Tuesday, October 7, 2014

Yosemite - Climber's narrative

The rock climber provide one narrative for Yosemite National Park.  Those adventurers reside there always searching for the next great climb.  The Park has put up them from the beginning, they take risks and don't follow rules.  But now, their stories become part of the park's lore past and present.  They use each other; I'll be talking a bit more about their impact on park's vistors.

The tour buses do stop near some of the huge granite monoliths and see who they can spot way up there.  It's a hobby.

The first picture shows Camp 4.  The 'walk-in' campground.  It's the climber's campground $5/night.  I'm sure I stayed there when I went to Yosemite 40 years ago.  At that time, it was free and behind the gas station (mercifully gone).  The park administration knew that the climbers were just going to camp in the back country so they figured they may as well give them a place to camp.

The story I hear was that the Park was going to build something there; the climber's organized and made it a historic site. 

Sure enough from the Yosemite site.

Camp 4 is listed on the National Register of Historic Places because of its nationally significant role in the development of rock climbing as a sport.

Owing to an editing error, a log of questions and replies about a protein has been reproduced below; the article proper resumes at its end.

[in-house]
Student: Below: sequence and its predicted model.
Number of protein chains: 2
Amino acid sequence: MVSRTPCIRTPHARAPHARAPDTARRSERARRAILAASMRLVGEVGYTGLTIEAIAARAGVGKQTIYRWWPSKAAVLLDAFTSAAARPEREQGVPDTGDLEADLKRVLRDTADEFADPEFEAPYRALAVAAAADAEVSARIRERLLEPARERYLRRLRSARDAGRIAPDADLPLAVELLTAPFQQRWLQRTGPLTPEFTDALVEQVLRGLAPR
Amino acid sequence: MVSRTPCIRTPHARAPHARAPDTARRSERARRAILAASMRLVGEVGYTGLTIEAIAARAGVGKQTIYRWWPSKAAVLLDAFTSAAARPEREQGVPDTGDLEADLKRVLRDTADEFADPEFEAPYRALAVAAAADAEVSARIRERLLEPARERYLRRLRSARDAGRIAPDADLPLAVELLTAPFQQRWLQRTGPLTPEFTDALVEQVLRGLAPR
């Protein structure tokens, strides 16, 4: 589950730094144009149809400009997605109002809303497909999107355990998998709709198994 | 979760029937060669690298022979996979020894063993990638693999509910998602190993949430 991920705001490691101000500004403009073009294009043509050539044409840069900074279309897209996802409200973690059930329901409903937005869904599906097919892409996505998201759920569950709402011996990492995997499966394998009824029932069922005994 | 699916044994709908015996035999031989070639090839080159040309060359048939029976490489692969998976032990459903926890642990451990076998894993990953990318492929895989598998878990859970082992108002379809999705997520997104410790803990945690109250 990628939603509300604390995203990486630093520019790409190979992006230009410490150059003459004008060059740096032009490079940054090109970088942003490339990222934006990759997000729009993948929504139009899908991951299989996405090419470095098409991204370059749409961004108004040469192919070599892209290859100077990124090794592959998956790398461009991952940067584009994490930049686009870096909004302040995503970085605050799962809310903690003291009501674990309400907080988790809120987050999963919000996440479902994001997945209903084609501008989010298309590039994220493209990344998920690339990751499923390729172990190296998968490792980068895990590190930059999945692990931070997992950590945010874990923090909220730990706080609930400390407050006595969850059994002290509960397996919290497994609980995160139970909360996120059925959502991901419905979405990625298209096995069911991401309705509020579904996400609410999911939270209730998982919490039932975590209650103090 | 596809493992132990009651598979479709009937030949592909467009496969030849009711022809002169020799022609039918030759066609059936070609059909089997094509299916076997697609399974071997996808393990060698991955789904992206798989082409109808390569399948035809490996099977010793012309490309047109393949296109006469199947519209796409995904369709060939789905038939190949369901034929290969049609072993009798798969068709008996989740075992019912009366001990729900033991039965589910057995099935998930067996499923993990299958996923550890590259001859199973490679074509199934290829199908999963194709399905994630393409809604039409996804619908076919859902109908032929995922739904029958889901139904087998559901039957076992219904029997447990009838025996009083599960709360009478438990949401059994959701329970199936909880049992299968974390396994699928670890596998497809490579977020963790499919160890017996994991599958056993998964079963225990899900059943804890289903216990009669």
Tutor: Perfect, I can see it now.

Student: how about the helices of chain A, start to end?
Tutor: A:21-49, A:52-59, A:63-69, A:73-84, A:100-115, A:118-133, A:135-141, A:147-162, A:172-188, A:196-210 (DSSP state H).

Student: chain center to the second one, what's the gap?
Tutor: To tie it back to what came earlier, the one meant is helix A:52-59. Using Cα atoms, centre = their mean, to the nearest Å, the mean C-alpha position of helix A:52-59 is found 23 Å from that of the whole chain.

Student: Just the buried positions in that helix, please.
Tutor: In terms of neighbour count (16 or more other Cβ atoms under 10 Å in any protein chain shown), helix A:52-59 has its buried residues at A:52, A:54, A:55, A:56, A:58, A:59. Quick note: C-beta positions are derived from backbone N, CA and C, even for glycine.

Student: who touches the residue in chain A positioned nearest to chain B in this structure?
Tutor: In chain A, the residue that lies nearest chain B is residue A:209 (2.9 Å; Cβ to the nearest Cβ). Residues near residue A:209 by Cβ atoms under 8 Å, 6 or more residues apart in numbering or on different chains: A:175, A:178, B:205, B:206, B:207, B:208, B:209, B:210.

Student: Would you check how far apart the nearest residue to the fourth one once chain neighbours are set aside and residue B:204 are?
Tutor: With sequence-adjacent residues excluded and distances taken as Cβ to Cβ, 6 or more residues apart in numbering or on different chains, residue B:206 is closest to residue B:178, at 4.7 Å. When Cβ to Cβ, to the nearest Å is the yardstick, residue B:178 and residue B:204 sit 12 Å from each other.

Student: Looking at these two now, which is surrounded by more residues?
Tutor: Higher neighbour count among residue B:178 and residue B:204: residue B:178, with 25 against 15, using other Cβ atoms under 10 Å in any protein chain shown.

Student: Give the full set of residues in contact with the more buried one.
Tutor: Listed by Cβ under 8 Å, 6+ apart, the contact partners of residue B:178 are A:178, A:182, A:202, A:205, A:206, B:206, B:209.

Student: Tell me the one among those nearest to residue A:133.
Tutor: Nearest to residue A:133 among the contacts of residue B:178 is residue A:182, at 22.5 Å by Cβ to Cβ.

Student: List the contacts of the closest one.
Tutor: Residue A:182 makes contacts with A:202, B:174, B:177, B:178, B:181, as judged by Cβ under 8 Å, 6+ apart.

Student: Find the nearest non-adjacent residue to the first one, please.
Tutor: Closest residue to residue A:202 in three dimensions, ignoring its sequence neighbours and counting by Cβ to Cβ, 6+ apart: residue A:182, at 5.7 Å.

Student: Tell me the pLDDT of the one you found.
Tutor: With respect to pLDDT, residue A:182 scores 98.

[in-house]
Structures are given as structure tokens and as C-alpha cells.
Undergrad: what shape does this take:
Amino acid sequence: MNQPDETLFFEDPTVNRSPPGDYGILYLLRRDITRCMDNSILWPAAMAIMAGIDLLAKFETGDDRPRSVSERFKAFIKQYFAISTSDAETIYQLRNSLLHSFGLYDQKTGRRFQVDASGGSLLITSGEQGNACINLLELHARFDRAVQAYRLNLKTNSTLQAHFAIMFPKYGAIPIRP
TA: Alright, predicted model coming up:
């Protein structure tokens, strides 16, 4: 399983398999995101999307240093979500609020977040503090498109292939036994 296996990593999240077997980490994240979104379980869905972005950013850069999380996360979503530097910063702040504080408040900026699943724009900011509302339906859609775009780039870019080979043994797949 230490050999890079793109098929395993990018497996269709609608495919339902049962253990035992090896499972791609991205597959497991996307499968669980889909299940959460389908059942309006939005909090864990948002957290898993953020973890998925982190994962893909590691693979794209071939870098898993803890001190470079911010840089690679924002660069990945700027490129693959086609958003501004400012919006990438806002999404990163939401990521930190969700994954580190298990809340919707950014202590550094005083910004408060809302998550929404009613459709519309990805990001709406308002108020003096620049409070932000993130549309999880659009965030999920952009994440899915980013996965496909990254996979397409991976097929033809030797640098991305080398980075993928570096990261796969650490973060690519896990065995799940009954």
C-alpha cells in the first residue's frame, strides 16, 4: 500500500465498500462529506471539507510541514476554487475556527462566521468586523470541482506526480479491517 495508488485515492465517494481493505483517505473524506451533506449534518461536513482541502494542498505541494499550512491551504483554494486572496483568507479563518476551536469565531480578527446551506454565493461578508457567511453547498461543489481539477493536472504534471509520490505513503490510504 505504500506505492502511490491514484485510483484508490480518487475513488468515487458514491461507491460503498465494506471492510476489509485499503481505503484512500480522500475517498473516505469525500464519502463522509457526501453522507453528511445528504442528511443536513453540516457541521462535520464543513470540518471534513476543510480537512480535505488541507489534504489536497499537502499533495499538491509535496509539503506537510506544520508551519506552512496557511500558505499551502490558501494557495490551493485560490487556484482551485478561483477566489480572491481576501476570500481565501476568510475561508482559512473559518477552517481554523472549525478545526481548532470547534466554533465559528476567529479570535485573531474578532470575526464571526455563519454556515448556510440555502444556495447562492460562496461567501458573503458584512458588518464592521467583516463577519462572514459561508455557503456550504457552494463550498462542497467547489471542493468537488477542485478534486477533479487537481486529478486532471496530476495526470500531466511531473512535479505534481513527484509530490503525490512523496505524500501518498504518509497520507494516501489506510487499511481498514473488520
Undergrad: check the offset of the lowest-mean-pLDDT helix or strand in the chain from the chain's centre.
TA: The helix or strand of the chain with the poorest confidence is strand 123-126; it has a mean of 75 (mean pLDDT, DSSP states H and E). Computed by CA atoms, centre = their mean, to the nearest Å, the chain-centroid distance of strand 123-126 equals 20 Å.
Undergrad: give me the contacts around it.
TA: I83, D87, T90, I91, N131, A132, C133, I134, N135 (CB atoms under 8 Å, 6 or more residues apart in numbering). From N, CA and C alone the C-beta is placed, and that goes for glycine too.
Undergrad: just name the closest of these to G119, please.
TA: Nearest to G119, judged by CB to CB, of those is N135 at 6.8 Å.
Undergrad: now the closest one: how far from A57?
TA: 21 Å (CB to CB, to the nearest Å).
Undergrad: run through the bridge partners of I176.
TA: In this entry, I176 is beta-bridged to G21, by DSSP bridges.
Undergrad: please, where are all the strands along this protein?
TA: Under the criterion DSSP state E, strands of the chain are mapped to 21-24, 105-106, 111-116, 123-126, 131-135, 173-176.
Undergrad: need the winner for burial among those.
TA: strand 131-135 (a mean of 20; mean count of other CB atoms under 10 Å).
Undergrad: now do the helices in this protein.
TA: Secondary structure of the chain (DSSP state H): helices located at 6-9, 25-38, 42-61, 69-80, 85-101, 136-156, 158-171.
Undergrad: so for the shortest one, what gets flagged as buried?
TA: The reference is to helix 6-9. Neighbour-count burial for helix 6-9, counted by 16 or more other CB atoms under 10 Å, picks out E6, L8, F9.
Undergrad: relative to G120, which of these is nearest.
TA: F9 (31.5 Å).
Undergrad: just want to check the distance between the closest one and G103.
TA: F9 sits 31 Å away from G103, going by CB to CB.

It's walk in only.  And, when I was there, it was immaculate.  Part of the culture, I'm sure.  Nothing left around.

Nothing else in Yosemite is cheap.  At Housekeeping Camp there are partial enclosures with an open area with shelves and a place to cook.  Maybe some electricity and bunk beds.  Cost $104/night.  I kid you not.

The shuttle buses were still running while we were there.  Dennis wanted to park the car and never move it for the three nights we were there (we stayed at the Lodge).  We accomplished that.  One bus ran to the El. Capitan (ElCap in Yosemite talk) picnic area.  I thought we would buy some sandwiches and go out there.  But it wasn't much to look at.  The bus driver suggested the next stop which was 'the bridge'.  He seemed to think I knew what that was, which I didn't.  He said there were climbers there who gave information.  We went to the bridge.  One young man hung out there with some buddies as well as some telescopes so you could watch climbers up on top of ElCap.  He had a dog and pony show talking about climbing, the equipment, the way of life, the difficulty, etc.  In the picture, he's giving a mock interview of two young men who have recently returned from a successful climb of ElCap.  A huge accomplishment.  It takes days and large amounts of equipment including ropes and who knows what.  You have to sleep on the side of the mountain.  These two look pretty pleased with themselves.  Other climbers in the background.

No comments: